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Stephen Early

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Steve Early
3rd White House Press Secretary
In office
Acting: December 5, 1950 – December 18, 1950
PresidentHarry S. Truman
Preceded byCharlie Ross
Succeeded byJoseph Short
In office
March 4, 1933 – March 29, 1945
PresidentFranklin D. Roosevelt
Preceded byTheodore Joslin
Succeeded byJonathan W. Daniels
1st United States Deputy Secretary of Defense
In office
May 2, 1949 – September 30, 1950[1]
PresidentHarry S. Truman
Preceded byPosition established
Succeeded byRobert A. Lovett
Personal details
Stephen Tyree Early

(1889-08-27)August 27, 1889
Crozet, Virginia, U.S.
DiedAugust 11, 1951(1951-08-11) (aged 61)
Washington, D.C., U.S.
Political partyDemocratic

Stephen Tyree Early (August 27, 1889 – August 11, 1951) was a U.S. journalist and government official. He served as the third White House press secretary under Franklin D. Roosevelt from 1933 to 1945 and as the acting press secretary under President Harry S. Truman in 1950 after the sudden death of Charles Griffith Ross. Early served as press secretary longer than any other person.


Early met Franklin D. Roosevelt while covering the 1912 Democratic National Convention as a reporter for the United Press. From 1913 to 1917 Early was the Associated Press correspondent covering the Navy Department, during which time his acquaintance with Roosevelt and Louis Howe grew.

After serving in World War I with an infantry regiment and the Stars and Stripes he returned to the United States and was asked by Roosevelt to be the advance man for the 1920 vice presidential campaign. After the election, Early returned to the Associated Press. In August 1923 Early covered the western trip of President Warren Harding in San Francisco and was the first newspaper man to report there that Harding had suddenly died. In 1927 he became the Washington representative of Paramount News, a newsreel company at the time.

Roosevelt administration[edit]

After the election of 1932, Franklin Roosevelt asked him to serve as one of the three White House Secretaries, responsible for press relations. Early held that post throughout the Roosevelt years. As press secretary, he served as spokesman and troubleshooter for the president and maintained an open-door policy with White House correspondents. Having been a reporter, he understood the news business and did his best to accommodate it. Early also helped persuade the White House Correspondents Association to issue press credentials to Harry McAlpin of the National Negro Publishers Association. In 1944, McAlpin became the first African American reporter to attend presidential press conferences.[2]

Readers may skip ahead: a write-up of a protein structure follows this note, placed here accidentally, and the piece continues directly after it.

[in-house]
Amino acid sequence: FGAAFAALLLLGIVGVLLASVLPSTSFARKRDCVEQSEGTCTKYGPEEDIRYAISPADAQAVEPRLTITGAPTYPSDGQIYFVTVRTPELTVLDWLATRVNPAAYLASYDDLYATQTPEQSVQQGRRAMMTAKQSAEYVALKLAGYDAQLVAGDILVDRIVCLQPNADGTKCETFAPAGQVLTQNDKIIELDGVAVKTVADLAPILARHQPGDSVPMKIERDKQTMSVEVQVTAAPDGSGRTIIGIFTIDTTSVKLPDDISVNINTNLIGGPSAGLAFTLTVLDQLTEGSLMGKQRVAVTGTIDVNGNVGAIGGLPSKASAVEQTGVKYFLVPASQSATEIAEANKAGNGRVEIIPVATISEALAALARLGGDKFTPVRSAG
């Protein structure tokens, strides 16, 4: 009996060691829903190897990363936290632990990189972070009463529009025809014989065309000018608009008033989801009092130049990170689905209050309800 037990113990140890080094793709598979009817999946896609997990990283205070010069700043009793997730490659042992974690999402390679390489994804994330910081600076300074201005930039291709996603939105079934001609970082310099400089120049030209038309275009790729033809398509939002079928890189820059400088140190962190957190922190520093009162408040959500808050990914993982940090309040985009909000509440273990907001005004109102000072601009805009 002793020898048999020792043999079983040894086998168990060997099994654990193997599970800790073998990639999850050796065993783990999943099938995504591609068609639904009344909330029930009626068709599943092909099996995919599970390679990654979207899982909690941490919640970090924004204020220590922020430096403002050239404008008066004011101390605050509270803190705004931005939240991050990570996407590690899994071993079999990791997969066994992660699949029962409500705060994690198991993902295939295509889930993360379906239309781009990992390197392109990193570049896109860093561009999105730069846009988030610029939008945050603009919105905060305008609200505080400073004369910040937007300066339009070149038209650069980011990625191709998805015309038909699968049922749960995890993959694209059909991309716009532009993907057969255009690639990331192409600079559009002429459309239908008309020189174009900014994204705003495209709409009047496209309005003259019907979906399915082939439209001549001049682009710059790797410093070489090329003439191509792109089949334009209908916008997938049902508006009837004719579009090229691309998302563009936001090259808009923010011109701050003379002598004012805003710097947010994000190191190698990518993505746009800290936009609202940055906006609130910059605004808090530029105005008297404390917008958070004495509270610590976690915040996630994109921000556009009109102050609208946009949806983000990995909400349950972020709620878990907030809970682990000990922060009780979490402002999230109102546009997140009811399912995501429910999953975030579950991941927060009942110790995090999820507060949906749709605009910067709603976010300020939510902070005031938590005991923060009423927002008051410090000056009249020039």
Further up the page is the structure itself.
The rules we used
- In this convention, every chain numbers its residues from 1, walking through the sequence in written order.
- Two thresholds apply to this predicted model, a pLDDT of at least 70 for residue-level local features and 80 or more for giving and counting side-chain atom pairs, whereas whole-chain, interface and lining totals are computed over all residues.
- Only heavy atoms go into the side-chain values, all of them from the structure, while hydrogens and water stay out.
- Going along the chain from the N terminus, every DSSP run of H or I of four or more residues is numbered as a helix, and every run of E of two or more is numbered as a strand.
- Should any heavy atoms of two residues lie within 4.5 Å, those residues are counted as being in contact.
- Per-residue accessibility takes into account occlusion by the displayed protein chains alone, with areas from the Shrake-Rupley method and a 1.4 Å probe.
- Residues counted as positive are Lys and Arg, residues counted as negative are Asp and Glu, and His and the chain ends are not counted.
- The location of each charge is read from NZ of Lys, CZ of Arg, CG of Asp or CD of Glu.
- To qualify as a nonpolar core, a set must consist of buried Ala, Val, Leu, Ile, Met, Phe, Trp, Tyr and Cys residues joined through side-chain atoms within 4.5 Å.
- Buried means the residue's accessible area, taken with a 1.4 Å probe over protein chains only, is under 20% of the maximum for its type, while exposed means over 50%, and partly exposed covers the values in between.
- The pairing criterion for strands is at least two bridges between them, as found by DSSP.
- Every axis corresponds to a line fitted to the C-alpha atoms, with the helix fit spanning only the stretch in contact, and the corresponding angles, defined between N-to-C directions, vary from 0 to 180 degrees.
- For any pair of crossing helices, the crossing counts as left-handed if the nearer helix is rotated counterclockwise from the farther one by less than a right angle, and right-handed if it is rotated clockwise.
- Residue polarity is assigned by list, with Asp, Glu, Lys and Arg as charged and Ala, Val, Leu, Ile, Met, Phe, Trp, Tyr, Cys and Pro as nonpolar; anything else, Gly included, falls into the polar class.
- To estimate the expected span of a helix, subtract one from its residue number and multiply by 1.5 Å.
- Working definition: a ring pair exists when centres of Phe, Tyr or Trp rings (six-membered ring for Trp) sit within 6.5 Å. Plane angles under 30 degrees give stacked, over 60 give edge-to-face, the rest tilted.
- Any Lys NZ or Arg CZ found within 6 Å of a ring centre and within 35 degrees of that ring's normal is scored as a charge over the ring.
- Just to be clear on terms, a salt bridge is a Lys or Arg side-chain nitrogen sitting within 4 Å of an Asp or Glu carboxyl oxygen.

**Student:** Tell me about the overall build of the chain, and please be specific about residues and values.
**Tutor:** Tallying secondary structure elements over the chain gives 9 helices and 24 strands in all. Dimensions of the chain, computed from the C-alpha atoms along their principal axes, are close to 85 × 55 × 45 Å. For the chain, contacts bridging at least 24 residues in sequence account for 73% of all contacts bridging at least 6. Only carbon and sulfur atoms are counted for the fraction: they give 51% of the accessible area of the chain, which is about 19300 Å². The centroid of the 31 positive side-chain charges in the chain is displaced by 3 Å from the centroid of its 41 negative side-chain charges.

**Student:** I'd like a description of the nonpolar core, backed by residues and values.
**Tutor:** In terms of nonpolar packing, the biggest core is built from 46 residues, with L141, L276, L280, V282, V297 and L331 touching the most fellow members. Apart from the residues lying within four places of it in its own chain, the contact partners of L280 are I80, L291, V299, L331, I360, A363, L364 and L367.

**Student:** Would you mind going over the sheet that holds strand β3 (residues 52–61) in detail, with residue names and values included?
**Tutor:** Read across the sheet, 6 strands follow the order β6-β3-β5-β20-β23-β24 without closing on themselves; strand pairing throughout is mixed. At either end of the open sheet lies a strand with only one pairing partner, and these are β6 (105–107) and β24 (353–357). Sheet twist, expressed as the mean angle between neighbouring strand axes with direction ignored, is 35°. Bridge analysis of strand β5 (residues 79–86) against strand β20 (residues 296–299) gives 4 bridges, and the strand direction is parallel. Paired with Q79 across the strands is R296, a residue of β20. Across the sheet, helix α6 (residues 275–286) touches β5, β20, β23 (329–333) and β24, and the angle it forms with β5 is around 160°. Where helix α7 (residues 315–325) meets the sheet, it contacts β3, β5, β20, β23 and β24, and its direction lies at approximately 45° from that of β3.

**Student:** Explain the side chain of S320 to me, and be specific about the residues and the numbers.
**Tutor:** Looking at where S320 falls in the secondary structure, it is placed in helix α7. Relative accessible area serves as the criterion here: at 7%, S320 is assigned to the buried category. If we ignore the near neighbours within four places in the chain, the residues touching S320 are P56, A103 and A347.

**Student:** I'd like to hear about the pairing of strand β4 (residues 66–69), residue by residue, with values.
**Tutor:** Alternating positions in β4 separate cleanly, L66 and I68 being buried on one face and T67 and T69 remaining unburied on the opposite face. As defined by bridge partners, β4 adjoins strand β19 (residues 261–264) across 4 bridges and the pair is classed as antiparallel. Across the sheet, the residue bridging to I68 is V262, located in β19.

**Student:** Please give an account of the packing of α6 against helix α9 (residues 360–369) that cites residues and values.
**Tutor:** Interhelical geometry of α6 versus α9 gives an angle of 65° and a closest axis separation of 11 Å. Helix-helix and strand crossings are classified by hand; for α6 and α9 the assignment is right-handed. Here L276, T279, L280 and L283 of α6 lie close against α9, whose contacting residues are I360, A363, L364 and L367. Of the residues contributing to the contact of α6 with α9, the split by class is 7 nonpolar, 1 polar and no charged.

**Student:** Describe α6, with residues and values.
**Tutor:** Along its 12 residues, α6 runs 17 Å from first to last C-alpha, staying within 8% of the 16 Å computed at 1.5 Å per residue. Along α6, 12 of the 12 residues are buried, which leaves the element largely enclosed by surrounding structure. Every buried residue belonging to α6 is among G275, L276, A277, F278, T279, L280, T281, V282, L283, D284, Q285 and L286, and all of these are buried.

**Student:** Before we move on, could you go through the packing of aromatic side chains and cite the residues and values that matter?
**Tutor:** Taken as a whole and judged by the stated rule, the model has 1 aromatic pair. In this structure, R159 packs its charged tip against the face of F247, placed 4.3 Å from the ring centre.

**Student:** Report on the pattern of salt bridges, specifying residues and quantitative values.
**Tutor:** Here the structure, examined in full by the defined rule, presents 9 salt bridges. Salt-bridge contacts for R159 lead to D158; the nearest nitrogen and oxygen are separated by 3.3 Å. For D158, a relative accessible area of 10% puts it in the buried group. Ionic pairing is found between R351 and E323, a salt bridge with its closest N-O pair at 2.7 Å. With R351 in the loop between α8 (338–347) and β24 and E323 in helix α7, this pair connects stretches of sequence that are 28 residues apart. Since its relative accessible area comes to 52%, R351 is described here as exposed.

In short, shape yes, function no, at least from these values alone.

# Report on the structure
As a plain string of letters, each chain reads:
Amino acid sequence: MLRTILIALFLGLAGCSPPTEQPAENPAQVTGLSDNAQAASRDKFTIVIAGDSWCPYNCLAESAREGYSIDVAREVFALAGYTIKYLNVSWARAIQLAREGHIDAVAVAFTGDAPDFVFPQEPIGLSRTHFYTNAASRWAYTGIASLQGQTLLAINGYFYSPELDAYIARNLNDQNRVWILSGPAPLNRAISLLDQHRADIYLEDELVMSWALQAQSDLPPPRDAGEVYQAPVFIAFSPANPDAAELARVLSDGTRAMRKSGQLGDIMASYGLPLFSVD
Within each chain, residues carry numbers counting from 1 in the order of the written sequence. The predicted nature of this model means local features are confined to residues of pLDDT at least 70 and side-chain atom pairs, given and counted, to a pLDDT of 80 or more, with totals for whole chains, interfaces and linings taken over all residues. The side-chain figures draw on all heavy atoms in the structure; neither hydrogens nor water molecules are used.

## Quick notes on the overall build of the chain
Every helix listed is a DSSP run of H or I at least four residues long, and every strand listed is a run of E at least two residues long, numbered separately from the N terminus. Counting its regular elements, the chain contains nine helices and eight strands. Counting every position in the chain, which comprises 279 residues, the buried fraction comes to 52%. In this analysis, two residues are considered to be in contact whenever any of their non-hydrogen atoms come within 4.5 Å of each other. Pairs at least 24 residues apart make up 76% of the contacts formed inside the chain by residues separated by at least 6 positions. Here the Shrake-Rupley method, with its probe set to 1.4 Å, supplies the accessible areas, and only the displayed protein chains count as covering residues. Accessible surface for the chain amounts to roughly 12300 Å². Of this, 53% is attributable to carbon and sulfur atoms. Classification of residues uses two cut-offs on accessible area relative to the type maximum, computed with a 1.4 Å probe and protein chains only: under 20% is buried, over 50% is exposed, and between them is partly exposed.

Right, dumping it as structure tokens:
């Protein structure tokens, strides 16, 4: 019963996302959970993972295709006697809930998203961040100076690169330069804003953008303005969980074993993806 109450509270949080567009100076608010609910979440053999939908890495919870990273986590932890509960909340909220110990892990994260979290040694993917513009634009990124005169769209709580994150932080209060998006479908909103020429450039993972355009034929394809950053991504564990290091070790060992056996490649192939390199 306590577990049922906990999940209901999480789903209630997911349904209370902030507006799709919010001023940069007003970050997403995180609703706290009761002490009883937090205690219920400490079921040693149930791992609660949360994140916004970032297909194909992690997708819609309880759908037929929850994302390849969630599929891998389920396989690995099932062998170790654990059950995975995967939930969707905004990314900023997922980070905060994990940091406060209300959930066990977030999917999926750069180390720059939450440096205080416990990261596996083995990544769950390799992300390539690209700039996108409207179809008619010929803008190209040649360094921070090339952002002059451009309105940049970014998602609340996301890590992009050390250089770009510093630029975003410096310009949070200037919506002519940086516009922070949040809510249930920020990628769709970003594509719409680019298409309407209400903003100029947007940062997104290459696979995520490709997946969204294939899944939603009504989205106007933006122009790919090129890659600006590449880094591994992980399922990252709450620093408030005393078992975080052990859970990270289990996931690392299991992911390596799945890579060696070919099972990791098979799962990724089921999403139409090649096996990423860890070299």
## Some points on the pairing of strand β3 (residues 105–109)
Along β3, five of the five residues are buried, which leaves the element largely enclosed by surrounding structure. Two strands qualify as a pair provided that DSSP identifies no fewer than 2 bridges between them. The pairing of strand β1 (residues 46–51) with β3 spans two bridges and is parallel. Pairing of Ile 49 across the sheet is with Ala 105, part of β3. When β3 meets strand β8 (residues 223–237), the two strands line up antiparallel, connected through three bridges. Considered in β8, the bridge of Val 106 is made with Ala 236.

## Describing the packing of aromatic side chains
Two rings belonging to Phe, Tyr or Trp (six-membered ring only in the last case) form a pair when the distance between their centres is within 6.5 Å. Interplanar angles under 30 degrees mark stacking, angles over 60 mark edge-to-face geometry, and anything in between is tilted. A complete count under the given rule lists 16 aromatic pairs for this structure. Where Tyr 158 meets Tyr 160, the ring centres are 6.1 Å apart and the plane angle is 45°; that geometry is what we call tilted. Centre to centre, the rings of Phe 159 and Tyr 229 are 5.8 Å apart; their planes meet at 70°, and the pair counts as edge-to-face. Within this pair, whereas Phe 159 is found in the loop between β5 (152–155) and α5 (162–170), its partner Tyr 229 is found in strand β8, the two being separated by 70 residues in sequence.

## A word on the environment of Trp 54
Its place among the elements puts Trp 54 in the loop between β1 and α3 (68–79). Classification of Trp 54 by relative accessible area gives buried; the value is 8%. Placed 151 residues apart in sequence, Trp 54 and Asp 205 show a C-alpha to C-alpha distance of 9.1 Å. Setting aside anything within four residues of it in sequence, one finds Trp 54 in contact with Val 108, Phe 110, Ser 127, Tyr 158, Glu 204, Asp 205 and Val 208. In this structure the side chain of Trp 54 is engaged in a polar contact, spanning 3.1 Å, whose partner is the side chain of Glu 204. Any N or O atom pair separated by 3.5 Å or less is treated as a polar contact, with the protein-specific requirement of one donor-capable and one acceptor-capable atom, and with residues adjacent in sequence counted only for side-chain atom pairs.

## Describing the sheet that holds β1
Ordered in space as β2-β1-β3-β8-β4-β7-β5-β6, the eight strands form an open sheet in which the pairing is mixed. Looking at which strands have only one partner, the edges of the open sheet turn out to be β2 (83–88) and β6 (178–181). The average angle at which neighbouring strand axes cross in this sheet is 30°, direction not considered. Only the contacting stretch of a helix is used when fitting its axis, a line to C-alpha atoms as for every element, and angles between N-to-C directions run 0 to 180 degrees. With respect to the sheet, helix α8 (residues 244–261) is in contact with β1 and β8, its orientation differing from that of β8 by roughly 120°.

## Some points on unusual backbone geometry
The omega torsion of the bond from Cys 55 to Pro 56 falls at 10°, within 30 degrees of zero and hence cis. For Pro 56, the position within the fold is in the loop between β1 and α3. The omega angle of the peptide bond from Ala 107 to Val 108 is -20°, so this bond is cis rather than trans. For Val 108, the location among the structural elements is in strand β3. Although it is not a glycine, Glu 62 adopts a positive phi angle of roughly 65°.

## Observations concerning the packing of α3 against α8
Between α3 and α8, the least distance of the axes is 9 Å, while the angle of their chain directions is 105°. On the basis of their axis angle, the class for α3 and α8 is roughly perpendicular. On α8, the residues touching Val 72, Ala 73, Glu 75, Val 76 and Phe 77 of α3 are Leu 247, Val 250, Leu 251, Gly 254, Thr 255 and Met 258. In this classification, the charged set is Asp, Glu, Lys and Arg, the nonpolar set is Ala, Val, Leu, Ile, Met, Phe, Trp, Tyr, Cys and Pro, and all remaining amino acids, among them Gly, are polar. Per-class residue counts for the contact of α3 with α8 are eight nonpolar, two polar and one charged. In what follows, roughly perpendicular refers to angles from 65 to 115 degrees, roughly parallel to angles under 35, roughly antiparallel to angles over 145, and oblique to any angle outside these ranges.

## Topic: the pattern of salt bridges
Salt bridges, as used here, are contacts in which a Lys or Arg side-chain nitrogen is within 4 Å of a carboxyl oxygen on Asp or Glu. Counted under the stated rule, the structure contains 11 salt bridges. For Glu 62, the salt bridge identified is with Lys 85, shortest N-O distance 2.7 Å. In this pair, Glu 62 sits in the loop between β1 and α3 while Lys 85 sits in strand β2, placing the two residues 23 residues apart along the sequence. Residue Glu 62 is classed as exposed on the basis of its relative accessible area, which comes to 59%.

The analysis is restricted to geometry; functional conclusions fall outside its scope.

He was also known to have had a temper. Less than a month before the 1940 presidential election, Early kneed a black police officer in the groin outside Madison Square Garden. Roosevelt had already been facing skepticism from black voters because of his failure to desegregate the military. Roosevelt responded days before the election by appointing the nation's first black general, Benjamin O. Davis Sr., and announcing the creation of the Tuskegee Airmen.[3]

Commercial and Defense appointments[edit]

In 1945, he became vice president of the Pullman Company He returned to the government as under secretary and later United States deputy secretary of defense from April 1949 to June 1950.

Truman administration[edit]

In December 1950, Early was briefly press secretary to President Truman, filling in after the sudden death of Charles G. Ross.[4]

Personal life[edit]

Early died at George Washington Hospital on August 11, 1951. He had suffered a heart attack a week prior, and despite signs of recovery, had a turn for the worse. It was reported that he died at about one in the afternoon. Survivors included Helen Wrenn Early, whom he married in 1921, two sons and a daughter. Harry Truman issued a statement calling him "an outstanding newspaper man" and "always on the side of President Roosevelt." Defense Secretary George Marshall said in a statement that he was "very distressed" at the news of Early's death and that he "served his country faithfully for many years." The full statements and other information on his life can be found in his New York Times obituary, printed on August 12, 1951.[5]

In 1969, his widow donated his papers to the Franklin D. Roosevelt Presidential Library, where they could be accessed by the public.


  1. ^ Served as "Under Secretary of Defense" from May 2, 1949 to August 9, 1949.
  2. ^ Ritchie, Donald A. (2005). Reporting from Washington: The History of the Washington Press Corps. New York: Oxford University Press. pp. 28–30. ISBN 0-19-530892-1.
  3. ^ Gee, Taylor (October 4, 2016). "15 October Surprises That Wreaked Havoc on Politics". Politico Magazine.
  4. ^ Joseph H. Short Papers Harry S. Truman Library.
  5. ^ "Stephen Early (Published 1951)". The New York Times. 1951-08-12. ISSN 0362-4331. Retrieved 2021-01-21.


Further reading[edit]

External links[edit]

Political offices
Preceded by White House Press Secretary
Succeeded by
New office United States Deputy Secretary of Defense
Succeeded by
Preceded by White House Press Secretary

Succeeded by